Right. This is where quantum mechanics comes in: It’s all about the collapsing of the probability curve. Anything can happen until that collapses and takes over—and the possibilities are narrowed.

So, how does this manifest itself in your work?
Well, in 1980-’81 I was working with analog equipment and tried to break away from the  linearity of most film, where you have scene A first, then scene B next, then scene C, and so on. Even flashbacks, which broke up the linearity, usually happened linearly. But when we look at painting, we see differently. We look at portions, then figure it in our mind. I wanted to try to simulate that experience with video. You can never do it entirely, but I wanted to make a dent in it by presenting simultaneous images on a single screen and break up the narrative—go from scene A1, A2, etc., instead of from scene A to B to C. I tried for simultaneous scenes within a scene, which let viewers watch and edit the videos as they wish. The key was to not use so many images as to overwhelm but instead to make people feel comfortable viewing this way.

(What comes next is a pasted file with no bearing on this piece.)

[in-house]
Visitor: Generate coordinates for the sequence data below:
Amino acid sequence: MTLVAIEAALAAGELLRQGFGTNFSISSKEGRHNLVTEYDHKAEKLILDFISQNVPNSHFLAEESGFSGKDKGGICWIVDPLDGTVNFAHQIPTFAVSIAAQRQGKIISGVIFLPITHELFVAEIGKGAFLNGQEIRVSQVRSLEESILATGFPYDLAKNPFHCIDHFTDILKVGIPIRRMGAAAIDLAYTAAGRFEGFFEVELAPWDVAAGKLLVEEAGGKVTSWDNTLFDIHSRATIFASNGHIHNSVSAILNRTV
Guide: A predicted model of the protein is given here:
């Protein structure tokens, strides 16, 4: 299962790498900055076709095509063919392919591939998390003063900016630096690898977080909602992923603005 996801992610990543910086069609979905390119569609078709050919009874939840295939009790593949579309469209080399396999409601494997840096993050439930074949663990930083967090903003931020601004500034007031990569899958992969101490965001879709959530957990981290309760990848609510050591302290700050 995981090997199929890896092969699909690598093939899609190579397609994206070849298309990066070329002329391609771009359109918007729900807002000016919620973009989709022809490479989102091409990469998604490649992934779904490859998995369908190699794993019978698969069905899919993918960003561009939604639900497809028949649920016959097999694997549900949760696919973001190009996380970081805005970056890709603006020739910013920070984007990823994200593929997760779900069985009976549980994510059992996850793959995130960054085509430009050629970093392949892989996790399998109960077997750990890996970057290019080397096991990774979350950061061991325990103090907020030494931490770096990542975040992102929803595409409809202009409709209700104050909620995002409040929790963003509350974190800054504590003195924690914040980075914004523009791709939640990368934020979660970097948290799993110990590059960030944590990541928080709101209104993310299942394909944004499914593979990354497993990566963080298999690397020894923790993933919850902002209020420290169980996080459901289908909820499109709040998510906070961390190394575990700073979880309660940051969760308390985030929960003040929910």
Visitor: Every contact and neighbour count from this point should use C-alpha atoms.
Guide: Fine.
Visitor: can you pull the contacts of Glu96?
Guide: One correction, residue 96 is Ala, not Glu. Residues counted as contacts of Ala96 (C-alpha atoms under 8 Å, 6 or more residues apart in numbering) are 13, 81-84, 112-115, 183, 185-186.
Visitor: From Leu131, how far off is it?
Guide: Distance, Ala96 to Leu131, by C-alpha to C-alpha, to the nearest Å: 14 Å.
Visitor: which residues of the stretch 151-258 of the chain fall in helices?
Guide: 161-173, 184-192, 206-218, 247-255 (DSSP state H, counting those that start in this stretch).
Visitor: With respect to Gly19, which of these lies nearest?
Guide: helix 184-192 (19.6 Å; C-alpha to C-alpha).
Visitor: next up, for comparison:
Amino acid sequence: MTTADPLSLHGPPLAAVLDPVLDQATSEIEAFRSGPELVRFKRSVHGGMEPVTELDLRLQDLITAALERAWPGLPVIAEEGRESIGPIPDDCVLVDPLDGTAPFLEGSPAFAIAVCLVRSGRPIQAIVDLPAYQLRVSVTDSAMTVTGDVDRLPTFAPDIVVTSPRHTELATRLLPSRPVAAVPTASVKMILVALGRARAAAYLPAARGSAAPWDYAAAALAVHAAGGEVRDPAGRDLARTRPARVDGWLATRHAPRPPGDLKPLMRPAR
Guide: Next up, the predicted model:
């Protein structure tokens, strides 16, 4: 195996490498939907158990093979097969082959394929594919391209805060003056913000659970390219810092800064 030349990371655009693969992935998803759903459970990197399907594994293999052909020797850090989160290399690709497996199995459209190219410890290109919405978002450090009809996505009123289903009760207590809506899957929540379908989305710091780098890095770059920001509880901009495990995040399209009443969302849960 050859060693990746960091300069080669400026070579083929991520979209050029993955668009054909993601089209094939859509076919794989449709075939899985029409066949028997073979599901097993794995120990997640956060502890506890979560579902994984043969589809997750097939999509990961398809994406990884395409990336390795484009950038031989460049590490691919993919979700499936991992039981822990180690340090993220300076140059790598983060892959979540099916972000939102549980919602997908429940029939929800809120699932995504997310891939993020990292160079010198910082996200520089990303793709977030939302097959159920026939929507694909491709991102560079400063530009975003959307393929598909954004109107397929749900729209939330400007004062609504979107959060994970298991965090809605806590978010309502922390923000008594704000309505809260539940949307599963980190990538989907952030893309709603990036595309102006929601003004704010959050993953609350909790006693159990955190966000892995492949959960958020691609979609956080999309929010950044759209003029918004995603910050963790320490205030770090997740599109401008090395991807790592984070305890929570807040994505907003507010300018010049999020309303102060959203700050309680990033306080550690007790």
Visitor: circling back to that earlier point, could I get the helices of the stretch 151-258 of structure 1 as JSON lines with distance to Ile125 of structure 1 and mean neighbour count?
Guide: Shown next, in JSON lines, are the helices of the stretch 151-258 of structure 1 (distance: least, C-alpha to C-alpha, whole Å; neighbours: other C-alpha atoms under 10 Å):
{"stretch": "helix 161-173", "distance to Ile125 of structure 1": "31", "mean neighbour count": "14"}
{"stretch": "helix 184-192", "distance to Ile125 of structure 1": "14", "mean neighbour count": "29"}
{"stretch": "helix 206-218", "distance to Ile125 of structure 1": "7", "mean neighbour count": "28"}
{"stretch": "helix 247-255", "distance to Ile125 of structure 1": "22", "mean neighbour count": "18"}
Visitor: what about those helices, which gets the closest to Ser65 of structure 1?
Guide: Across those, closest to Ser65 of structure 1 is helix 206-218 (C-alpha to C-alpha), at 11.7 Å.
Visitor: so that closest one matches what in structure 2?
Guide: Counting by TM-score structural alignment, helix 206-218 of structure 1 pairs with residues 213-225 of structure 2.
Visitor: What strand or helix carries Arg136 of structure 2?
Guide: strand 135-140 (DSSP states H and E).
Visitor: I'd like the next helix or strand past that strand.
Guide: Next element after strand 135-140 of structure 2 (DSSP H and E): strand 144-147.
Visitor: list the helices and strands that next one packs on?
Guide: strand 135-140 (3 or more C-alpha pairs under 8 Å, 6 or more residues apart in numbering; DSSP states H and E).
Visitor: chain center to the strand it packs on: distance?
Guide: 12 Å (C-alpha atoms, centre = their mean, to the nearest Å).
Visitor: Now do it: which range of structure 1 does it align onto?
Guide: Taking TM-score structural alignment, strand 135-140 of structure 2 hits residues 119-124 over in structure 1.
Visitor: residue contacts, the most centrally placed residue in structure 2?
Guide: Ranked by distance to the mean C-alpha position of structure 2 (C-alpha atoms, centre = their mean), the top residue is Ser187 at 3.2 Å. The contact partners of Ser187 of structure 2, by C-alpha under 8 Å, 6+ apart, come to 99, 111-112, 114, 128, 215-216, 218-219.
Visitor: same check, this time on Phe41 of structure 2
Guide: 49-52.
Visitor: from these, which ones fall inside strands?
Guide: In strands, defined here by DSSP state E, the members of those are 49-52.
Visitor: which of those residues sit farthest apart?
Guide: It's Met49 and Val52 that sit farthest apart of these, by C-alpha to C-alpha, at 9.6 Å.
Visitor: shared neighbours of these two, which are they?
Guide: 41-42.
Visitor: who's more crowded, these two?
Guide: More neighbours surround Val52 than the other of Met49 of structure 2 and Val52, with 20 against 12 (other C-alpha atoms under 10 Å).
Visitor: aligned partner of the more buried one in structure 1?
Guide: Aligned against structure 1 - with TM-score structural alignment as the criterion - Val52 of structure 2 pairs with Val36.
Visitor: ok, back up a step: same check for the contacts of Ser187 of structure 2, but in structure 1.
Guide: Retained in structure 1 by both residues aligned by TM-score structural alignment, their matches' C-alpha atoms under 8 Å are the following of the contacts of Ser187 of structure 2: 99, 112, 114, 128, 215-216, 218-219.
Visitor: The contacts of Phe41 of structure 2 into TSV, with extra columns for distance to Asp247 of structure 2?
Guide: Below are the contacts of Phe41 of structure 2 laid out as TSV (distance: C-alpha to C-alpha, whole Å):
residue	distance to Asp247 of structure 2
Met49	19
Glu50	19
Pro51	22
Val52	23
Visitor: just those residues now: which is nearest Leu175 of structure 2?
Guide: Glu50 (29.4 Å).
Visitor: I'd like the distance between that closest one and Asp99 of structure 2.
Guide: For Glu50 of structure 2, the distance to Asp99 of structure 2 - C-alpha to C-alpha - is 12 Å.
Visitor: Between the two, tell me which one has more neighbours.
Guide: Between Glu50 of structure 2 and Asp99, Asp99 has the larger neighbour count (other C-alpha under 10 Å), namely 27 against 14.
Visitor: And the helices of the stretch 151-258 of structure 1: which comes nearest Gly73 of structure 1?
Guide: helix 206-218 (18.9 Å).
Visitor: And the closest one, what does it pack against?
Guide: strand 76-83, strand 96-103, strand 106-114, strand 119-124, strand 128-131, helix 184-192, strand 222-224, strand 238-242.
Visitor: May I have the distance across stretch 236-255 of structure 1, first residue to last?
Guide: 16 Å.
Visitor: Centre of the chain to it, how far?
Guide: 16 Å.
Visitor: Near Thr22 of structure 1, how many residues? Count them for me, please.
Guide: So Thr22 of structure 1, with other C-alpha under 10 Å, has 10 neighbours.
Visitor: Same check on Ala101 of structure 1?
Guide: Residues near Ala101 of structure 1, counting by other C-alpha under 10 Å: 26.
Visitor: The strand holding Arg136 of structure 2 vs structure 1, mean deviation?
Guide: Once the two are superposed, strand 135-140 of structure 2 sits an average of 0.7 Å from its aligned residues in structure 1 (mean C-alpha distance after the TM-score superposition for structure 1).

Tell us about your video “Re/Action Part 1,” which just premiered at the Moving Image Art Fair in New York.
I’m fascinated by the human face, and this video is about the gaze. The content is quite simple: It’s a long, very slow-motion tracking shot of dozens and dozens of people who are watching an event and photographing it, but we never see what that event is, just their reaction to the event. The setting is never revealed either, because that’s irrelevant as well.

I like decontextualizing it: Where are they? What are they looking at? It doesn’t matter. What matters is the intensity of the subjects’ reaction and the wildly varying ideas viewers have on how it was made. Viewers read it differently. Many think the video is composited still photos. But that’s not the case. It’s all video, just extremely slow-motion—3 percent of normal speed. If it were composited stills, I would need thousands of photos to mimic their movement.